The Benefits of Being a "buddy": Exploring the Medical Student Experience As Mentor to Minority High-School Students
Purpose: The Aspiring Doctors Precollege Program at Ohio University Heritage College of Osteopathic Medicine serves to introduce underrepresented minority (URM) high-school students to careers in health care as well as introducing URM high-school students to medical student mentors. Each month, medical students and their student mentees connect through a variety of activities on the medical college campus. While the program has significant benefit for the mentees, it also provides professional development opportunities for the medical students as mentors. Many researchers have written on the value of mentored relationships between medical students and established physicians; however, exploring the benefits of medical student mentorship has yet to be discussed in the literature. Objectives: The primary objectives of this study are to understand medical student perceptions of being a mentor and describe the contributions to their medical education. Methods: Semistructured interviews were conducted with student mentors regarding their experiences serving in this program. These interviews were inductively coded for significant ideas, themes, and patterns. Results: A series of 12 research interviews were conducted with medical students who have participated in The Aspiring Doctors program for at least three semesters. Major themes that emerged from the analysis include the following: the importance of guidance in medicine through person-to-person mentoring, and identification of future career aspirations. Summary/Conclusions: Medical student mentors found this program to be a valuable addition to their educational experience. Mentoring URM high-school students offers pre-clinical medical students the opportunity to connect with their community and envision themselves serving as physicians in underresourced communities. Simultaneously, it provides a meaningful way of paying-it-forward during their education. Further studies can be done to track the outcomes of the medical students with respect to their designations stated while participating in this program, the role of mentorship on professional identity development, and possible effects on preventing/mitigating burnout.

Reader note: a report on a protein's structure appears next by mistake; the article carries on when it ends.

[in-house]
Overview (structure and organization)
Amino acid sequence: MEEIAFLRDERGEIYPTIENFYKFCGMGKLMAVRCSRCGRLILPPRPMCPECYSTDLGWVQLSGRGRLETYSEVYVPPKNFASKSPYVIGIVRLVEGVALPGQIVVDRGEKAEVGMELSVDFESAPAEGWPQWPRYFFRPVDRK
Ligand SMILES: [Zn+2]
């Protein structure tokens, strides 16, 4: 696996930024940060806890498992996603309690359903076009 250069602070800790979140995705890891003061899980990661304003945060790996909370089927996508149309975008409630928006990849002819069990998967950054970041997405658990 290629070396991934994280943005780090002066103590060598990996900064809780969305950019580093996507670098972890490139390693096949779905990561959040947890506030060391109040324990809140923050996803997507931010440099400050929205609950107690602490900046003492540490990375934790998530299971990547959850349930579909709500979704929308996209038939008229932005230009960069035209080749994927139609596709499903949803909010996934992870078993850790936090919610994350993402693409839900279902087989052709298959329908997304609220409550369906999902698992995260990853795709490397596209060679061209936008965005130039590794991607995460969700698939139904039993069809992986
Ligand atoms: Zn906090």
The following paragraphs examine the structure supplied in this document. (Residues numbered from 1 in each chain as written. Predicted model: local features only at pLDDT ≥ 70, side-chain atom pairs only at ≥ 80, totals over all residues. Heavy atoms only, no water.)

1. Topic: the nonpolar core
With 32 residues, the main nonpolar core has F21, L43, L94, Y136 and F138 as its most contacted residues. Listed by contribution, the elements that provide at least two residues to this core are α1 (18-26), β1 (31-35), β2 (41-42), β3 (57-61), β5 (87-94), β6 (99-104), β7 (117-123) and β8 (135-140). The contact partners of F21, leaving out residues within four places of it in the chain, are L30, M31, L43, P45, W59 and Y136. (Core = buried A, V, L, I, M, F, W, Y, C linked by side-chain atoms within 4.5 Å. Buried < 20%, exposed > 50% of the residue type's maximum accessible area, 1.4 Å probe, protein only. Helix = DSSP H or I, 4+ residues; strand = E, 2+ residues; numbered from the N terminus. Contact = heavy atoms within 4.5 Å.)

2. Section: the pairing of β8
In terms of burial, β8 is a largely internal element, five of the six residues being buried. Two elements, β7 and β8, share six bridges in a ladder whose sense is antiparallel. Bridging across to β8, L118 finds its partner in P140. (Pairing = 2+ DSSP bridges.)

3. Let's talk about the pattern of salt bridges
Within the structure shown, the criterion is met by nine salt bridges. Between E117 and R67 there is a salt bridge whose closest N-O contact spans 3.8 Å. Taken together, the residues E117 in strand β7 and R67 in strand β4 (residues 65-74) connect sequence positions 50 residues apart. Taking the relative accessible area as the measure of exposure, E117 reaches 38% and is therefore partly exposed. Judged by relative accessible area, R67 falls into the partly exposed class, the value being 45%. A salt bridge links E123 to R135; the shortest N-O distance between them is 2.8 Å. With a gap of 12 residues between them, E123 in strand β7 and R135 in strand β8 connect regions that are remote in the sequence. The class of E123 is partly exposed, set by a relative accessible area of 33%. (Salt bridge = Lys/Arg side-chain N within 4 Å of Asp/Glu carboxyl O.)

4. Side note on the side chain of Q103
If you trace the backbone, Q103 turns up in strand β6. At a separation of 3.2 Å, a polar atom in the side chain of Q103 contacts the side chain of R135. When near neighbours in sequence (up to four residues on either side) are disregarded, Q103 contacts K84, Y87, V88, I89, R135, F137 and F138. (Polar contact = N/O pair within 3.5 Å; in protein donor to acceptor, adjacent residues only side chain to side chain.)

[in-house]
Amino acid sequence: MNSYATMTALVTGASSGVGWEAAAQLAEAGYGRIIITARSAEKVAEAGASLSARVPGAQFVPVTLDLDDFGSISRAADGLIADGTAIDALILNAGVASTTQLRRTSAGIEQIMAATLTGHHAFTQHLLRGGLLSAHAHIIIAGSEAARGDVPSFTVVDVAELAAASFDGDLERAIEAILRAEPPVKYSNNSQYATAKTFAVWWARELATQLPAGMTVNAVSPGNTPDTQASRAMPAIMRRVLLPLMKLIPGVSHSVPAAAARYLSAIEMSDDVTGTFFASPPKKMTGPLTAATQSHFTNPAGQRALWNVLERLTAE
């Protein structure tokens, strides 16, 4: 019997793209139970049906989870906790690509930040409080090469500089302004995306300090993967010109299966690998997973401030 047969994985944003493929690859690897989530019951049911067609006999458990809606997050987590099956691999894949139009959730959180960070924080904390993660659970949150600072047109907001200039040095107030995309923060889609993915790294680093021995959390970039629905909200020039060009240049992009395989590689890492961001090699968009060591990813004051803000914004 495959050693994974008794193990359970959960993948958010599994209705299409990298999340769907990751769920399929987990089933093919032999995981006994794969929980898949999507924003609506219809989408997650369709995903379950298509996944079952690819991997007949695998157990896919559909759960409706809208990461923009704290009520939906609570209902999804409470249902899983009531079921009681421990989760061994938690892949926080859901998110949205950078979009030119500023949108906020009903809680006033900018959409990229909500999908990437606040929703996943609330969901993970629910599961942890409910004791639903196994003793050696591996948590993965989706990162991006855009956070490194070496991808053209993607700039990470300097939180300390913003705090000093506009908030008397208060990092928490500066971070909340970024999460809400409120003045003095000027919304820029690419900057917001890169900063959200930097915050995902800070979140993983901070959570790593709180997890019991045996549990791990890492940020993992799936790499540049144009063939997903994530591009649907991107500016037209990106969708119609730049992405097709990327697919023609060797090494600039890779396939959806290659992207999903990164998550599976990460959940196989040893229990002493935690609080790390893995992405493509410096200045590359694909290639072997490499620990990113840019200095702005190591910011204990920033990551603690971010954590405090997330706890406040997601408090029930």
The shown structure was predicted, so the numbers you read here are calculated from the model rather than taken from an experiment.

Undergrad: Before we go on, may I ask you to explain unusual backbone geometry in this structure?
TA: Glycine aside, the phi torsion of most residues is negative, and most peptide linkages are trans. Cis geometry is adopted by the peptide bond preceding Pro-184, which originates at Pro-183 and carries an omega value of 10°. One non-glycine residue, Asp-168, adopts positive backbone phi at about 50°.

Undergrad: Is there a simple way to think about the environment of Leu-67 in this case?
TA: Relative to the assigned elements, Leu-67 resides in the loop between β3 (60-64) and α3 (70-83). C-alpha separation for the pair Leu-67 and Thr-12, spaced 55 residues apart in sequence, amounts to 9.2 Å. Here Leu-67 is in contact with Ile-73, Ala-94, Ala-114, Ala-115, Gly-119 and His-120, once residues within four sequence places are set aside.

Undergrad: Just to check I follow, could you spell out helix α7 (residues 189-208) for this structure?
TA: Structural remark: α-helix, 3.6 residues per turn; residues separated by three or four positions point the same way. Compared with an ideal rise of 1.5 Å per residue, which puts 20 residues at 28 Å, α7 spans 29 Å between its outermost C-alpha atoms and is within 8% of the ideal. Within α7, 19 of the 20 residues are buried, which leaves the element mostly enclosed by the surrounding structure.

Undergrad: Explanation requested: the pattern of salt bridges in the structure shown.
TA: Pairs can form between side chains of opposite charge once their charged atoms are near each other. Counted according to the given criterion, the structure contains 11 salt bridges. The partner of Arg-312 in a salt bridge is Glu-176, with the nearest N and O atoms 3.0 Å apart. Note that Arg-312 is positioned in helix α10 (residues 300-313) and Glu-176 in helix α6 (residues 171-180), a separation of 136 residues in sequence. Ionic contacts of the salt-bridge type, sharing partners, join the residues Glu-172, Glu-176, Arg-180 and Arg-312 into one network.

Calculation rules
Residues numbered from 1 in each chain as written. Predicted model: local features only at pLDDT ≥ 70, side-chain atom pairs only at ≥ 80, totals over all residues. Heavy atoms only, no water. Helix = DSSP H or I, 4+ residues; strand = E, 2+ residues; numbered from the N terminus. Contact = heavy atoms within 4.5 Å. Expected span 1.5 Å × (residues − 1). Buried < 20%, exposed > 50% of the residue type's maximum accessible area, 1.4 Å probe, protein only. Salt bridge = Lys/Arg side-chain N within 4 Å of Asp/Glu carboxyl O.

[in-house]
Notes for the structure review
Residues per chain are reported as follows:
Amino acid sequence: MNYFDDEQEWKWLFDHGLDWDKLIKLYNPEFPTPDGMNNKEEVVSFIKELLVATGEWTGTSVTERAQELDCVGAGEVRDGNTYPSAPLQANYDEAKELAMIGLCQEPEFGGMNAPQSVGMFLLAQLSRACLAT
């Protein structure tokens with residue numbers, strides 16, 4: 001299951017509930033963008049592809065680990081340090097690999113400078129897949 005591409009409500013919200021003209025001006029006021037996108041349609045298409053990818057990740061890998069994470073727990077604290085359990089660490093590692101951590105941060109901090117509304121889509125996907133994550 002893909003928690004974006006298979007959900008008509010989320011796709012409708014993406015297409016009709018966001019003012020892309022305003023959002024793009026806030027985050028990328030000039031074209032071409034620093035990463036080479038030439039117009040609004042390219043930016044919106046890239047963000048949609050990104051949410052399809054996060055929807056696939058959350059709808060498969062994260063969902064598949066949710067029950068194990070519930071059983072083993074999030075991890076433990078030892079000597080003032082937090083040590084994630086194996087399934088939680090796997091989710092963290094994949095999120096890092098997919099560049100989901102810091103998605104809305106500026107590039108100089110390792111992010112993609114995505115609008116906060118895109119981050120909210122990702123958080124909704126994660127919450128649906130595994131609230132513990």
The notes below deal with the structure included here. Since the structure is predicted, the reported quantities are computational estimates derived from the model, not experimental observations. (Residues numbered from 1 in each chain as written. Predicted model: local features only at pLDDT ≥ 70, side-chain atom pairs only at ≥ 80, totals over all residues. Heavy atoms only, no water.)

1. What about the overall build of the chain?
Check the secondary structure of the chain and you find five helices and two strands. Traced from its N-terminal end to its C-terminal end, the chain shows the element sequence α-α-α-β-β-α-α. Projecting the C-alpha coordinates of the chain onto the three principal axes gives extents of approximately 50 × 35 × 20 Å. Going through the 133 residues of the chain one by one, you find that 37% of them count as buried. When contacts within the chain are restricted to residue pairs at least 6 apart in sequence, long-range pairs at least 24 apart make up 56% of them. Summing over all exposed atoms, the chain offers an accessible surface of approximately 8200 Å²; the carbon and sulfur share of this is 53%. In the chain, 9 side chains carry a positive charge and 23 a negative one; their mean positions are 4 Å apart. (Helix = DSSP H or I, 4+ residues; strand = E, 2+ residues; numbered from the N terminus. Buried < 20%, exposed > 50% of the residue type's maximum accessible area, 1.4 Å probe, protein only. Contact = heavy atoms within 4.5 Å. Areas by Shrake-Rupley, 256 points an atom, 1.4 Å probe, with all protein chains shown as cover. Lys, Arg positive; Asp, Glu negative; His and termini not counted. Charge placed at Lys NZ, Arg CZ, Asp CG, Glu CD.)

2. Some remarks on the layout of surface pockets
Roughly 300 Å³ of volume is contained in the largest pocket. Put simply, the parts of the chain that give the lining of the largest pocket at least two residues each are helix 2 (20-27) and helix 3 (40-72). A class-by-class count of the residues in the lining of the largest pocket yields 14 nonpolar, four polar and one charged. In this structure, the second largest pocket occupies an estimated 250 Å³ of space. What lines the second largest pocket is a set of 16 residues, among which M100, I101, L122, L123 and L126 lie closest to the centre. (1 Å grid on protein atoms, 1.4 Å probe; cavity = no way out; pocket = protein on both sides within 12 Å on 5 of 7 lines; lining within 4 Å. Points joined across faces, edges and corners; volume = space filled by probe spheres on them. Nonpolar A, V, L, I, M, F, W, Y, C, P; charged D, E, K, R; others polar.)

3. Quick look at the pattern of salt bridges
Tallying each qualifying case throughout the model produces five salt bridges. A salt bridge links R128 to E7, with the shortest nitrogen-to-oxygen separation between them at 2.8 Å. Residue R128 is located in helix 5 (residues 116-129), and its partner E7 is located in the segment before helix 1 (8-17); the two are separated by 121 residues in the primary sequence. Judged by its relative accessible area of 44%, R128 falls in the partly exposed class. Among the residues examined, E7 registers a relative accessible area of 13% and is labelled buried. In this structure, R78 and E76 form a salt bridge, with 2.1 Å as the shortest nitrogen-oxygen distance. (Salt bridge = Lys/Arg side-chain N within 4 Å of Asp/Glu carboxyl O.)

Roche, Rosellen; Manzi, Joel; and Kruithoff, Bradley C., "The Benefits of Being a "buddy": Exploring the Medical Student Experience As Mentor to Minority High-School Students" (2021). Primary Care Open Access Publications. 20.